fareed fareed - 1 year ago 114
Java Question

iText direct Printing

I am using iText to generate a pdf and write it to the file system as the following:

private void createPDF() throws Exception{
com.itextpdf.text.Document doc = new com.itextpdf.text.Document();
PdfWriter docWriter = null;
path = "C:\\PATH\\TO\\Desktop\\EXAMPLE_FOLDER\\" + pdfFilename;
docWriter = PdfWriter.getInstance(doc, new FileOutputStream(path));
PdfContentByte cb = docWriter.getDirectContent();
if (doc != null) {
if (docWriter != null) {

However, I want to send the pdf to the printer and print the pdf file instead of writing it to the file system. How can I achieve this?

Answer Source

There's a theoretical and a practical answer to this question.

Let's start with the theoretical answer. There's a Java class called PrintStream that allows you to send an OutputStream to a printer:

Printstream extends FilterOutputStream extends OutputStream

A PrintStream adds functionality to another output stream, namely the ability to print representations of various data values conveniently. Two other features are provided as well. Unlike other output streams, a PrintStream never throws an IOException; instead, exceptional situations merely set an internal flag that can be tested via the checkError method. Optionally, a PrintStream can be created so as to flush automatically; this means that the flush method is automatically invoked after a byte array is written, one of the println methods is invoked, or a newline character or byte ('\n') is written.

So, suppose that you would like to create a PDF in memory and write it to a printer, you'd do something like this:

ByteArrayOutputStream baos = new ByteArrayOutputStream();
PrintStream ps = new PrintStream(baos);
Document document = new Document();
PdfWriter.getInstance(document, ps);
// add content

As PrintStream extends OutputStream and as PdfWriter accepts any type of OutputStream, you are writing the PDF bytes to the printer and if you want the PDF bytes, you can do baos.toByteArray().

However, the code snippet above sends PDF bytes to the printer. Chances are that your printer doesn't understand PDF and just prints out stuff like:

2 0 obj
<</Length 64/Filter/FlateDecode>>stream
*binary stuff*
4 0 obj
<</Parent 3 0 R/Contents 2 0 R/Type/Page/Resources<</Font<</F1 1 0 R>>>>
/MediaBox[0 0 595 842]>>
1 0 obj
3 0 obj
<</Type/Pages/Count 1/Kids[4 0 R]>>
5 0 obj
<</Type/Catalog/Pages 3 0 R>>
6 0 obj
<</Producer(iText® 5.4.2 ©2000-2012 1T3XT BVBA \(AGPL-version\))
0 7
0000000000 65535 f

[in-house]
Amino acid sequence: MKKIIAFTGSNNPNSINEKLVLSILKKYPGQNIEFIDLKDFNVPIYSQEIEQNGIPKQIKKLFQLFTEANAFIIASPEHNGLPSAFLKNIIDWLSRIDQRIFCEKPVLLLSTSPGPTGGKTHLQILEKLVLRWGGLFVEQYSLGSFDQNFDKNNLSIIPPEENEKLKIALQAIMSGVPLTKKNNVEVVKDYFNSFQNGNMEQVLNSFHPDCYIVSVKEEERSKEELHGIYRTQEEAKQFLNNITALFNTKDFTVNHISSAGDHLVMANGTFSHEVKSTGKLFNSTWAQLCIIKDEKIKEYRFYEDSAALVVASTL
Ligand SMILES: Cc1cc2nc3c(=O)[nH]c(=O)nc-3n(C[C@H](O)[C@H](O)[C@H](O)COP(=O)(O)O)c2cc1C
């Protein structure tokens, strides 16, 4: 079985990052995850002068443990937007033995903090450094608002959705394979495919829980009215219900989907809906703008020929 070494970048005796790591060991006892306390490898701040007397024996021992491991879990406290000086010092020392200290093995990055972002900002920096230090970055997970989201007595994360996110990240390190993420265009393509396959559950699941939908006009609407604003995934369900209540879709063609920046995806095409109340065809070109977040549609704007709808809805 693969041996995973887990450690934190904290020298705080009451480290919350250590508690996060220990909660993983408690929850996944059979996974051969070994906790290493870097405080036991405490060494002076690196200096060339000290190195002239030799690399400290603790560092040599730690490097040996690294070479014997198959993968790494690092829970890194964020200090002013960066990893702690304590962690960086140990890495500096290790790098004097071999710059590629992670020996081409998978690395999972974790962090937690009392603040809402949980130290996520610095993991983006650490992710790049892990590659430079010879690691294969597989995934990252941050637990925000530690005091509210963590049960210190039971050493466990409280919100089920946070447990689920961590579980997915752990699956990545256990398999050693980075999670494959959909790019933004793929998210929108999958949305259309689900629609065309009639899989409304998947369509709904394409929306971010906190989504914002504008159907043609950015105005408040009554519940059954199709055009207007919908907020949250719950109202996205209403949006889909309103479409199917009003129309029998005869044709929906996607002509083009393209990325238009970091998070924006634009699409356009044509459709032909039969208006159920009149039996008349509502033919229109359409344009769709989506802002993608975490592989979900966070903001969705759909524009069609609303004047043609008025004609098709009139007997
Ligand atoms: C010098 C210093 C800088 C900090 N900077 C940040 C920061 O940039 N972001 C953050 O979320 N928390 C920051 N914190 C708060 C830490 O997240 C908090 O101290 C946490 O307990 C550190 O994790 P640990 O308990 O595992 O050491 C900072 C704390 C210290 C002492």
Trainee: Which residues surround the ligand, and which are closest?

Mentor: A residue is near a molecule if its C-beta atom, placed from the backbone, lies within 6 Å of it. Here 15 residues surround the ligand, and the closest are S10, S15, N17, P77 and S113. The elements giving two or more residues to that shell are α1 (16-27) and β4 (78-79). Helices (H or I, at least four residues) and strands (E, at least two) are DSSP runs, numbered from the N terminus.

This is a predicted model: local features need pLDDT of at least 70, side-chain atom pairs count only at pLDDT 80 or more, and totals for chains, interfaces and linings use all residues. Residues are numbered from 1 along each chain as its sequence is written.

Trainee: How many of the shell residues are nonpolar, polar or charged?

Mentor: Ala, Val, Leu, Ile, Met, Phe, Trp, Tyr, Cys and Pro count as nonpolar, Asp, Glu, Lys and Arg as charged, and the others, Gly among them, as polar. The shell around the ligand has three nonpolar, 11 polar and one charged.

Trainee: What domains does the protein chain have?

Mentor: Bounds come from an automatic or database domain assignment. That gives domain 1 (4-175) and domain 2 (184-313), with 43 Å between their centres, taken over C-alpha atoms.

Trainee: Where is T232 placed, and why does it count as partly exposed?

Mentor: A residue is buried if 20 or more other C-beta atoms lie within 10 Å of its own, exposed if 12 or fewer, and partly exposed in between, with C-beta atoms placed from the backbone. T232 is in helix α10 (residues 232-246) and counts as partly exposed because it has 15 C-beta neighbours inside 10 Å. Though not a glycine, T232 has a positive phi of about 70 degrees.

0000000302 00000 n 
0000000015 00000 n 
0000000390 00000 n 
0000000145 00000 n 
0000000441 00000 n 
0000000486 00000 n 
<</Root 5 0 R/ID [<91bee3a87061eb2834fb6a3258bf817e><91bee3a87061eb2834fb6a3258bf817e>]
/Info 6 0 R/Size 7>>


In a comment, the following link was added: https://blog.idrsolutions.com/2010/01/printing-pdf-files-from-java/

This is actually a better way to print your file:

FileInputStream fis = new FileInputStream(“C:/mypdf.pdf”);
Doc pdfDoc = new SimpleDoc(fis, null, null);
DocPrintJob printJob = printService.createPrintJob();
printJob.print(pdfDoc, new HashPrintRequestAttributeSet());

If you don't want to use a FileInputStream, you can always create the PDF as a ByteArrayOutputStream and use the resulting byte[] to create a ByteArrayInputStream.

That's what the practical answer is about: it's not that difficult to create a PDF in memory. That's done like this:

ByteArrayOutputStream baos = new ByteArrayOutputStream();
Document document = new Document();
PdfWriter.getInstance(document, baos);
// add content
byte[] pdf = baos.toByteArray();

The question is: what are you going to do with pdf?

Either your printer understands those bytes (there are printers that accept PDF syntax), or you'll have to find software that converts PDF into a format that printers understand. Usually, people use PDF rendering software (such as Adobe Reader) to print a document. Many of these viewers (Adobe Reader is one of them), require the file to exist as a file: Adobe Reader does not accept a byte array.

This explains why the practical answer isn't as easy as the theoretical answer: in practice, your question is far from trivial: it depends on the printer (which formats does it accept) and the PDF viewer (should you require one).

Recommended from our users: Dynamic Network Monitoring from WhatsUp Gold from IPSwitch. Free Download